by Belle Hann
There’s no doubt that COVID-19 is having a devastating impact on creative industries. But when I am finding hope in thinking about the Renaissance, as many historians believe that the Black Death plague somehow led to that glorious outpouring of arts, music, and literature in 14th century Italy.
Would something similar happen to us in Melbourne? I spoke with several working artists who shared how they are using their time in COVID-19 isolation.
“This is not time to be wasted,” says Aran Holland, radio host and DJ with House of Friends. “Its a unique opportunity to delve deeper into creative opportunities.”
Technology has played a huge role in helping artists promote new creative endeavours. Maxine Zanoni is a filmmaker and a member of Medium, an artist-based platform located in the inner-west. She notes that Medium has used this time to promote website features such as artist interviews with artists, music reviews. Medium has also just launched ‘Virtually Social’ an online live streaming gig.
Some artists have seized opportunities to upskill online through sites like creativelive and skillshare. For example Harrison Moss, also known as DJ Yassas from House of Friends, has been focusing on learning Logic to help future music collaborations when gigs start opening up again.
Other people have been using this downtime to think more reflectively about their work. Brigid Burke, a visual and tattoo artist, has been journalling and brainstorming about future projects. “I’ve been introspective about my next strategic move,” she says.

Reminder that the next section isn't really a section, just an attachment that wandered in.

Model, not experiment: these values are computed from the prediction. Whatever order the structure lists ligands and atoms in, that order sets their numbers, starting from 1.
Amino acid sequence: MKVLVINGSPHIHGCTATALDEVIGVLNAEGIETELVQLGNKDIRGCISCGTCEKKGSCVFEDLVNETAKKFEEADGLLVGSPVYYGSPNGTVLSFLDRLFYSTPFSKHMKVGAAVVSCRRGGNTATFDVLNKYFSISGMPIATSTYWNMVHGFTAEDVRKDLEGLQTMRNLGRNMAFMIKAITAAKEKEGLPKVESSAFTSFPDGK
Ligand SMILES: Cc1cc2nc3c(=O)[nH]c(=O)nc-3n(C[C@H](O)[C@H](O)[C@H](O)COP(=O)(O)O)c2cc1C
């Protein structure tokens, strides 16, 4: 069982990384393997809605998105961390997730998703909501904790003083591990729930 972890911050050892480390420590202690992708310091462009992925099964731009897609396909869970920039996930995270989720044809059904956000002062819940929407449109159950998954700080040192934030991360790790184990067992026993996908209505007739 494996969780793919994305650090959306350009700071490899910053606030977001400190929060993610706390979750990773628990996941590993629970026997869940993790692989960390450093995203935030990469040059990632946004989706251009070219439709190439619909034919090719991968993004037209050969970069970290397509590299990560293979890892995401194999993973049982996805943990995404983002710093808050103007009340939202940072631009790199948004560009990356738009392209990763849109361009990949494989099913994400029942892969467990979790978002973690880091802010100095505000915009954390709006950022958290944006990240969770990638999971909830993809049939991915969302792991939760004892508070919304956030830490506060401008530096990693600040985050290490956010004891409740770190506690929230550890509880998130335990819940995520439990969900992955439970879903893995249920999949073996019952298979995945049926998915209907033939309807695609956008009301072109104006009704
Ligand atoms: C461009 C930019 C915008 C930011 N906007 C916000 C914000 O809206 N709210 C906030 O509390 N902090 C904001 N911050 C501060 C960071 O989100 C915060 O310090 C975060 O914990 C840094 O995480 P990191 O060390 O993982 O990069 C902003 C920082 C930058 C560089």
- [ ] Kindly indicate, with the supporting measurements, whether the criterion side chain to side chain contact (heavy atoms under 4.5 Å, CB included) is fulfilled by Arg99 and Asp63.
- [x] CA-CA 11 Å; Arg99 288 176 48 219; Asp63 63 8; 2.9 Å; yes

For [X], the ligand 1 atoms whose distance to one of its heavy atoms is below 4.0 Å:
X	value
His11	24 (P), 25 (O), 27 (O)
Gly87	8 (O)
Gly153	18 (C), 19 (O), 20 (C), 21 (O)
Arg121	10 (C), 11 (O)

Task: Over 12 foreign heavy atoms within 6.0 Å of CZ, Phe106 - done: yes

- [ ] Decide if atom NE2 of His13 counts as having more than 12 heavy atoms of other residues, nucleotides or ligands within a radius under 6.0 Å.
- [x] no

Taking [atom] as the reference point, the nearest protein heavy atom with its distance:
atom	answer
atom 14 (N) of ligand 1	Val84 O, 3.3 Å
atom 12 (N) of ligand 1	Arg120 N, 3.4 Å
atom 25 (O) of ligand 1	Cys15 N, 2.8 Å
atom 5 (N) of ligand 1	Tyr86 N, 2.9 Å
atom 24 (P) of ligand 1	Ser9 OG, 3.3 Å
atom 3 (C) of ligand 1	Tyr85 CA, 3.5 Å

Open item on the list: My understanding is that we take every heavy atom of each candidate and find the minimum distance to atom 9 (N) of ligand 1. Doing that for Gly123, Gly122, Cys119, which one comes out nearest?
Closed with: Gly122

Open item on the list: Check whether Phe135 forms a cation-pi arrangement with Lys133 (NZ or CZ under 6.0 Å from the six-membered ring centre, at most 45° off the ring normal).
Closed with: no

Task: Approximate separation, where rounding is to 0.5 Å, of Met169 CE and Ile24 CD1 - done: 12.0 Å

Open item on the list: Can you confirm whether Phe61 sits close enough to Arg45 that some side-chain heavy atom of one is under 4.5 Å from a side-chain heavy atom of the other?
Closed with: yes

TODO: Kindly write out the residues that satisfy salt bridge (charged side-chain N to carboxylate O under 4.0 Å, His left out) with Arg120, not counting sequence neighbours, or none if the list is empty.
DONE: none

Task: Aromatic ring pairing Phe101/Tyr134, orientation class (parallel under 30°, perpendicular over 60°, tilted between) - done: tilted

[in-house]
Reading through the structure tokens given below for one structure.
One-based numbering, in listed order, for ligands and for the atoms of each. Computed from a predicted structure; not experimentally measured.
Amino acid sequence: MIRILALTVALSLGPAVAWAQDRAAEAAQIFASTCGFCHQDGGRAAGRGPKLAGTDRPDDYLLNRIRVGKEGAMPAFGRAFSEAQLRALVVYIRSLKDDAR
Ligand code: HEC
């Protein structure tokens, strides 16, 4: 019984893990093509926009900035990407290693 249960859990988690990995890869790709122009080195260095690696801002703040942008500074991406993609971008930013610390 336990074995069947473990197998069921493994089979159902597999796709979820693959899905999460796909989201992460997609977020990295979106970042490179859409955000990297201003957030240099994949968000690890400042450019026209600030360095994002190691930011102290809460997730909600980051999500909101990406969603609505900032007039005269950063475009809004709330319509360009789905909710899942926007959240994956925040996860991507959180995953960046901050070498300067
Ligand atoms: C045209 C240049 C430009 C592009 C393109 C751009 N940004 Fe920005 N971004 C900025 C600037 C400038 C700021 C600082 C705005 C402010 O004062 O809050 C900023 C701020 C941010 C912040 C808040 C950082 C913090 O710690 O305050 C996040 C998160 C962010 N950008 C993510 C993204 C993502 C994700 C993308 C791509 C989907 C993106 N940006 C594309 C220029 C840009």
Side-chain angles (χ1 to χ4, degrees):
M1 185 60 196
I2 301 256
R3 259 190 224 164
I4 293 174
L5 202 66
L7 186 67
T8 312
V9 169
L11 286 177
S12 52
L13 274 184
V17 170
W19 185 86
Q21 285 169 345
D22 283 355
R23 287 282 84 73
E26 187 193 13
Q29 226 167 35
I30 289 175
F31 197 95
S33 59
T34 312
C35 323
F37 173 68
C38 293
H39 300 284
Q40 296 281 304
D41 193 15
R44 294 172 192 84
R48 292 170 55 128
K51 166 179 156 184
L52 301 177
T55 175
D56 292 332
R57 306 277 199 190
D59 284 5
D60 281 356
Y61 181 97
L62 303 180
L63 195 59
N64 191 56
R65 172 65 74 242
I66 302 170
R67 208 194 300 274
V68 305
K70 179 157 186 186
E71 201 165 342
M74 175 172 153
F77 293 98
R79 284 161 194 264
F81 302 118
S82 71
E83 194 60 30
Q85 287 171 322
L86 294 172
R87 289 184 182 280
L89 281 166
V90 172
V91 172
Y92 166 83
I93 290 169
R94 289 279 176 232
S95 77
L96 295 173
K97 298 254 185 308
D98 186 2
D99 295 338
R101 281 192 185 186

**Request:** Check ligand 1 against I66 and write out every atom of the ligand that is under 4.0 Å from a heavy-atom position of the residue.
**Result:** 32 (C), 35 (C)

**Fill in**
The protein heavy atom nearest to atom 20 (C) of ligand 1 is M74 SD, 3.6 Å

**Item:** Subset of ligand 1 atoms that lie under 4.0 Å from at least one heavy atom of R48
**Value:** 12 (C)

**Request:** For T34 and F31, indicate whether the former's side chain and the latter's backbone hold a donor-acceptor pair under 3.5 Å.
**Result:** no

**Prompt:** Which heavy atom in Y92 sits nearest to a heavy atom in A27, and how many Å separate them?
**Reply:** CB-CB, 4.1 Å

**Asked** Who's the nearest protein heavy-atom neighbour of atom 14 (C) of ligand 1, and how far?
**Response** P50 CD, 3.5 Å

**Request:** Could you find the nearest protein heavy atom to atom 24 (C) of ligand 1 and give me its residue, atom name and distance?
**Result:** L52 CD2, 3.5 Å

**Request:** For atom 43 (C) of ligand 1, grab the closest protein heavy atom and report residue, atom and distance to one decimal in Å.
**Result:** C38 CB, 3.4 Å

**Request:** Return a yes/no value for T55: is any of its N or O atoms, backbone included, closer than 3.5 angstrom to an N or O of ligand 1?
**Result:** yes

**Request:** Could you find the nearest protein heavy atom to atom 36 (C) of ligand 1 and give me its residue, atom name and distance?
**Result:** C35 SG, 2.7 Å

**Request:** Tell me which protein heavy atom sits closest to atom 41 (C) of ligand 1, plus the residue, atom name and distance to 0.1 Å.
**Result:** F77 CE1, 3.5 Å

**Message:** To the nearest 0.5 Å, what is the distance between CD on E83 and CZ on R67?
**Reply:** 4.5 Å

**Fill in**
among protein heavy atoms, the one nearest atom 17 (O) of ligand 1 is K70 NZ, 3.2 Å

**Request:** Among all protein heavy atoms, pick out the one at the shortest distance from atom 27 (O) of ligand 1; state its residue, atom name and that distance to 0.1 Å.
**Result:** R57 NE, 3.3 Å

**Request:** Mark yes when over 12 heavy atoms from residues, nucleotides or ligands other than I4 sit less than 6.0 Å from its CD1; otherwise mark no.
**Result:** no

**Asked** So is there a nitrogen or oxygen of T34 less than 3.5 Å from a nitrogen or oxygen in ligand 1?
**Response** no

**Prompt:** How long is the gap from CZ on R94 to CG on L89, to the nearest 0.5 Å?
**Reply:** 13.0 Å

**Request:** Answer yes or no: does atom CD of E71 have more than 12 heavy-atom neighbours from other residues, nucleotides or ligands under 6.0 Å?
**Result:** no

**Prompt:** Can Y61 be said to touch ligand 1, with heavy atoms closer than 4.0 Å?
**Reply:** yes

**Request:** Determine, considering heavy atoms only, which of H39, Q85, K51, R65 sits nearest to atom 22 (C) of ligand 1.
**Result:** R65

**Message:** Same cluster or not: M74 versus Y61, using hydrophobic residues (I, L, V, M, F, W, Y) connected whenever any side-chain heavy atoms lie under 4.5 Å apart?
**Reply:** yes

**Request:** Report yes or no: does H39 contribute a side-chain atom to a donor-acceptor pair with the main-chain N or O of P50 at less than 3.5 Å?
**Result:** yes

Brigid has also taken part in online figure drawing classes taking place weekly on Instagram with a live model. Charles Jensen, a graphic designer with Medium has also adopted personal challenges such as “36 Days of Type”. He says “(This is) a project that invites designers, illustrators and graphic artists to express their particular interpretation of the letters and numbers of the Latin alphabet.”
However, other creative people are finding that their artistic mojo just isn’t happening in this stressful time. You may have seen social media slogans to the effect of “its okay to be unproductive” offering solace for those of us stuck at home with little motivation.
Melbourne musician Zeb Lethwaite agrees that there is a “certain level of pressure artists place on themselves to constantly be creatively productive with their time.” He adds: “It is okay to sleep in, it is okay to watch a movie, it is okay to take time to just relax.”
So whether the post-COVID era ushers in a time of socio-cultural explosion remains to be seen. However, all artists interviewed agreed that this is a frustrating and strange time may have unexpected blessings. Kyle Mclelland, a musician with Medium says it best: “We are living in such a rare time period where exchanging our projects is in the palm of our hands – and we definitely shouldn’t take that for granted.”
Image and artwork: Elwyn Davies is a long time Footscray resident and registered nurse at Western Health Drug Health Services (but part-time wannabe guerrilla pseudo intellectual street artist)